The following book review appears in the Winter 2008 issue of Jazz Notes, the quarterly journal of the Jazz Journalists Association (JJA), edited by yours truly.

Music in the Post-9/11 World
Jonathan Ritter and J. Martin Daughtry, eds.
Routledge, New York/London, 2007; 328 pp.; $24.95 paperback

Review by David R. Adler

In the liner notes to Up For It, written about a month before the start of the Iraq war, Keith Jarrett asked: “Why play music at all? What difference could it make?” Many involved in the arts expressed similar sentiments in the aftermath of 9/11. Lost lives, a marred Manhattan skyline, political disquiet and the prospect of ongoing war made art, and certainly the pleasure of entertainment, seem insignificant, even disrespectful. And yet the feeling gradually subsided, and the music never stopped.

This new essay collection, Music in the Post-9/11 World, meticulously reconstructs a period of time that can now seem like a blur. The foreword, by ethnomusicologist Gage Averill, sets out the mission: to explore “how music is implicated in conflict, justice, intercultural understanding, and peace” — or, more broadly, “to assess the richness of sound and music in the emotional life of humankind.” The contributors represent a range of academic disciplines: ethnomusicology, music theory, folklore, communications, American studies. None of the essays deal specifically with jazz, although one jazz journalist, the JJA’s Larry Blumenfeld, weighs in with “Exploding Myths in Morocco and Senegal: Sufis Making Music After 9/11,” an insightful account of the Fez Festival of World Sacred Music and the musical-political activity of Senegalese singer Youssou N’Dour, who has done much to combat anti-Muslim stereotypes in the West.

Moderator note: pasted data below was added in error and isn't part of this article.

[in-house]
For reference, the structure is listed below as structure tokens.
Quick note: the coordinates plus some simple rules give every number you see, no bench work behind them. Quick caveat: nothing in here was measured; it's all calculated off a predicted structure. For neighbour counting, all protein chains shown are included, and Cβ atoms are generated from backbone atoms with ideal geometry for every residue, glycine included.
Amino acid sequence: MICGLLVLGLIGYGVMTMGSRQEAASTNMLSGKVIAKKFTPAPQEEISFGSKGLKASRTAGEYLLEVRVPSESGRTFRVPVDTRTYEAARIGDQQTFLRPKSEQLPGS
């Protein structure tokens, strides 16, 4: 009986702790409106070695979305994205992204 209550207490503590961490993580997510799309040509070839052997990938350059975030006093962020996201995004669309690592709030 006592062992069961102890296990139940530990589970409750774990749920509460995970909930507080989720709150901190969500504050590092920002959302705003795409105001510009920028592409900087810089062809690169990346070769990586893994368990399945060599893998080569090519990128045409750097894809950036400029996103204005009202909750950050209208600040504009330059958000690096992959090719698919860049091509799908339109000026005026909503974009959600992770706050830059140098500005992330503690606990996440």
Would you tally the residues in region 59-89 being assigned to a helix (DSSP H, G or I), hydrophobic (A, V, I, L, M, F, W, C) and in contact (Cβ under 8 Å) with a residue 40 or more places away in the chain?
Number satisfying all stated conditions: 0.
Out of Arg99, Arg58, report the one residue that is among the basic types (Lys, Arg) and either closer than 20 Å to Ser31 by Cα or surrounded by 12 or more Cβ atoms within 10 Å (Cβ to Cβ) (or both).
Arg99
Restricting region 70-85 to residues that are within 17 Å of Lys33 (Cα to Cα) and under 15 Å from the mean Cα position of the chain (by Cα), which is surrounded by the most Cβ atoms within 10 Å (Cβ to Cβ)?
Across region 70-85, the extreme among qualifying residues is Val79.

Blumenfeld’s essay is found in part two of the book, which focuses on the climate outside the United States. Elsewhere in this section, co-editor Jonathan Ritter examines commemorative 9/11 songs in the pumpin style indigenous to Peru’s Fajardo region; John Holmes McDowell offers close readings of corridos, or Mexican ballads, relating to 9/11; James R. Grippo investigates the sha‘bi music of urban working-class Egypt; and Veronica Doubleday gives a fascinating report on the state of musical culture in Afghanistan. On the musicological level, every one of these essays is illuminating. On the political level, two of them have major weaknesses, typifying an uncritical indulgence of “the Other” often found on the academic left.